Leadership is a crucial factor that can affect an employee’s experience at work. It can influence their happiness, satisfaction, and commitment to work and the organization. On the flip side, poor leadership can also bring unnecessary stress, fatigue, and challenges that can affect employees’ productivity and motivation.
A delegative style of leadership revolves around empowering employees by providing them with significant autonomy over their work. So instead of micromanaging every aspect of an employee’s day-to-day tasks or assignments, delegative leaders trust their employees to do their work with little to no supervision or guidance.
But how can a delegative style of leadership really work in the workplace? To give you a better idea, here is a comprehensive guide on how delegative leadership works and how to use it effectively.
What Is A Delegative Leadership Style?
First and foremost, let’s take a deeper look at what a delegative style of leadership truly is. Also referred to as laissez-faire leadership, this method utilizes task delegation as key to making employees feel empowered while putting the leader in the backseat instead of holding the wheel.
Delegative leadership is considered a less intrusive style as it aims to avoid micromanaging. Managers and supervisors are primarily hands-off when a task is delegated. Instead, they encourage employees to take the point and trust their team members to make the right judgment to complete the task properly.
However, a delegative leadership style requires more than just assigning tasks to employees. There is a deliberate delegation process that would make the task assignments work effectively. If not followed properly, this style of leadership and management can bring more harm than good.
How To Make Delegative Leadership Work?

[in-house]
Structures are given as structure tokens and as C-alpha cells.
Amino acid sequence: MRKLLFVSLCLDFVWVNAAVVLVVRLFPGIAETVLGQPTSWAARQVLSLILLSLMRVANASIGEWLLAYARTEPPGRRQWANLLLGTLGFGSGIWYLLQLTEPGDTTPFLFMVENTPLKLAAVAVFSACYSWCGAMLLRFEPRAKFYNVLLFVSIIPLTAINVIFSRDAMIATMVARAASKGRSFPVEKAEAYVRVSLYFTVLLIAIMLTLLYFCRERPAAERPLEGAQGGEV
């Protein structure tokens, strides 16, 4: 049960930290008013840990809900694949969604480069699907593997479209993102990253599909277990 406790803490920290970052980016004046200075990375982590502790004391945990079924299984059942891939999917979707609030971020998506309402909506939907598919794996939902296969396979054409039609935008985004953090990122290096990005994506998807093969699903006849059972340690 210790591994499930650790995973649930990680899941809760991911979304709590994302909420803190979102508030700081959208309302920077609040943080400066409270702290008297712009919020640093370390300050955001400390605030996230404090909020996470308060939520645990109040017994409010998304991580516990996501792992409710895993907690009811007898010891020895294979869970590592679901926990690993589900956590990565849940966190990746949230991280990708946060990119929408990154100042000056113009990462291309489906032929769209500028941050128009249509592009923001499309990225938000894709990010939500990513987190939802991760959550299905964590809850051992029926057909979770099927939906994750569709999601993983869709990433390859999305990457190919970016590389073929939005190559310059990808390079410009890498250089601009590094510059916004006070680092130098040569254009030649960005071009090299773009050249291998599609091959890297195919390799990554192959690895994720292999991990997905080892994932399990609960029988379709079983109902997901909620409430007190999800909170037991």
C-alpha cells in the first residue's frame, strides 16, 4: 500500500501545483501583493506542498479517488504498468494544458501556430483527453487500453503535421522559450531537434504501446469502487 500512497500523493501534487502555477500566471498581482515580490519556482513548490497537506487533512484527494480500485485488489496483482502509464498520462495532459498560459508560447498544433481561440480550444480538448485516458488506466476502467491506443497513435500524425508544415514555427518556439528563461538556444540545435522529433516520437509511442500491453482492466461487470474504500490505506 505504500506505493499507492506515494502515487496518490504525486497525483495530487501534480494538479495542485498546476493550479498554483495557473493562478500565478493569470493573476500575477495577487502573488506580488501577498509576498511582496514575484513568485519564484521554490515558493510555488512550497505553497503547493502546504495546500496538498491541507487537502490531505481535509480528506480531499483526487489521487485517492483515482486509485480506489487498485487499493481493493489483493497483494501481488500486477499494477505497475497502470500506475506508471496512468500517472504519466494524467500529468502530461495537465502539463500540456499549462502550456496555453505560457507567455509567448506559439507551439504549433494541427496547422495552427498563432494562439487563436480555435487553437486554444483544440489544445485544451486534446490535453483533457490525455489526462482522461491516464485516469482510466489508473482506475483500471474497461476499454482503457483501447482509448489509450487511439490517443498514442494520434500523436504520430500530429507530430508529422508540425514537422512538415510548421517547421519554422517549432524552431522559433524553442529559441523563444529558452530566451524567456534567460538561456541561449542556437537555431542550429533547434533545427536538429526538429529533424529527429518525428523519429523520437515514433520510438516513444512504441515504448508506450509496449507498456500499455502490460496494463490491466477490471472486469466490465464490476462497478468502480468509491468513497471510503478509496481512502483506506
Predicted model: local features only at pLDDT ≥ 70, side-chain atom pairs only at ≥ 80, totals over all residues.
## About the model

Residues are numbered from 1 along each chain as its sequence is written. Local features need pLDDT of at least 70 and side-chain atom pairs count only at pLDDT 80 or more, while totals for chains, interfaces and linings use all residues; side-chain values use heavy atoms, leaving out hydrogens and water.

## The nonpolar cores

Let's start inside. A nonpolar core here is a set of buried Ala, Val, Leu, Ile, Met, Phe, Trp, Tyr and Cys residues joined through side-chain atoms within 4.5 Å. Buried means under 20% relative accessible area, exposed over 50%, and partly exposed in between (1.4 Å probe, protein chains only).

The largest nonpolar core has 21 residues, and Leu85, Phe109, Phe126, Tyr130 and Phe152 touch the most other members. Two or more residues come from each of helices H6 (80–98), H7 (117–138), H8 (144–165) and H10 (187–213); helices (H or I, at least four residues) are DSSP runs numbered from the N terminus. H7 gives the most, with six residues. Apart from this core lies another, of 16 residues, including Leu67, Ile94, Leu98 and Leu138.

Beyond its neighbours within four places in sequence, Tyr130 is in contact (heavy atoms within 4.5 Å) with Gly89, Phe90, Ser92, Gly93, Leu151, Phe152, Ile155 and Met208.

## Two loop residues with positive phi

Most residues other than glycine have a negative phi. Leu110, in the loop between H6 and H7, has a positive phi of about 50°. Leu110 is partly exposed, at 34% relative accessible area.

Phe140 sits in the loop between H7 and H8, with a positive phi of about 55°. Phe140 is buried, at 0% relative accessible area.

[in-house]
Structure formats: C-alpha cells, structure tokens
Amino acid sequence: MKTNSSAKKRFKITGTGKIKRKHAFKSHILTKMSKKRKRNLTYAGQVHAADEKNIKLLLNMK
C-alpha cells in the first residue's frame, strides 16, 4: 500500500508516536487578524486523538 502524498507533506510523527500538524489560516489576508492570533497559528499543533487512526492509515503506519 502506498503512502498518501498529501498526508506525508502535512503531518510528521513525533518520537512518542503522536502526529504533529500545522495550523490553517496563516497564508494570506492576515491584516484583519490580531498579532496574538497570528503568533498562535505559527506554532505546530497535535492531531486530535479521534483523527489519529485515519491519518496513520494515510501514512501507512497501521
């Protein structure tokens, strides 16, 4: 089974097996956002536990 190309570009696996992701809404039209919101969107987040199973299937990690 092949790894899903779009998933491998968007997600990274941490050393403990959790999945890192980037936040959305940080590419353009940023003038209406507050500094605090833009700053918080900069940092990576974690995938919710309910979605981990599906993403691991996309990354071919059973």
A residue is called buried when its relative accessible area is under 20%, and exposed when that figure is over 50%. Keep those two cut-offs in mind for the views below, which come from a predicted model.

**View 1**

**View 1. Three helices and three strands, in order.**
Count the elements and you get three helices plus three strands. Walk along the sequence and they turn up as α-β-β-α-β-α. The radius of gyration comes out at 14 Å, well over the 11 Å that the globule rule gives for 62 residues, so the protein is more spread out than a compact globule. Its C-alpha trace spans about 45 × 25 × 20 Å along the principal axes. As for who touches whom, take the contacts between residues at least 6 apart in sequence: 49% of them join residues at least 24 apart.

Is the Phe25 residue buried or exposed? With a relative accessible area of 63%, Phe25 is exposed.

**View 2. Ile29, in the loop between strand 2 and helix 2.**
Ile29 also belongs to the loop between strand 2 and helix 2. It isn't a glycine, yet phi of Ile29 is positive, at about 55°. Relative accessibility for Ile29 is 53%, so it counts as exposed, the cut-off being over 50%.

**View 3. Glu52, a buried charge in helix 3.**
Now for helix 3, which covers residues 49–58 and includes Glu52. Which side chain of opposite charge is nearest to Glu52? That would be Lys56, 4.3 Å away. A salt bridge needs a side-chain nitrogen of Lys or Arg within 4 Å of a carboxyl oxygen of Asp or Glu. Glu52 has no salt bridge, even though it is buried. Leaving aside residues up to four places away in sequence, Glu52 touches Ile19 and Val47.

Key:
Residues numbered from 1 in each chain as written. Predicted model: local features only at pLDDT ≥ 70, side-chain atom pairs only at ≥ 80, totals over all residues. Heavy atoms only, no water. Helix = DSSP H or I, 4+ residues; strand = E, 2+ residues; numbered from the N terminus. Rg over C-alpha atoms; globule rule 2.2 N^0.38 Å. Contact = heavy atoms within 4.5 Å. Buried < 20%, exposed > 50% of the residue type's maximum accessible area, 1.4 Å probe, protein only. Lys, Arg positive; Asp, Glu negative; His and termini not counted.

Learn effective delegation process
Effective task delegation requires careful planning and consideration. One of the important elements of delegation revolves around identifying the task and the right person to handle it. It also calls for leaders to offer the right level of authority, responsibility, and accountability over the task given to their team members.
And while a delegative style of leadership keeps managers and supervisors from constantly monitoring their employees’ day-to-day activities, it is still important for them to be present to provide feedback and guidance when needed.
Strengthen leader-employee relationships
One crucial factor in the success of a delegative style of leadership is the quality of work relationships between the leaders and their team members. In order for a leader to identify the right person for a job, it is important that they personally know them.
This includes their skills, experience, as well as their personality, and character. More than that, it is essential for a delegative leader to ensure that there is a strong feeling of trust within the team in order to build confidence to work autonomously.
Establish a suitable work environment and culture
Delegative leadership is considered an unorthodox method of management. There would be lesser interaction between the leader and their subordinates, it is important that the leader build a work environment that cultivates such a setup.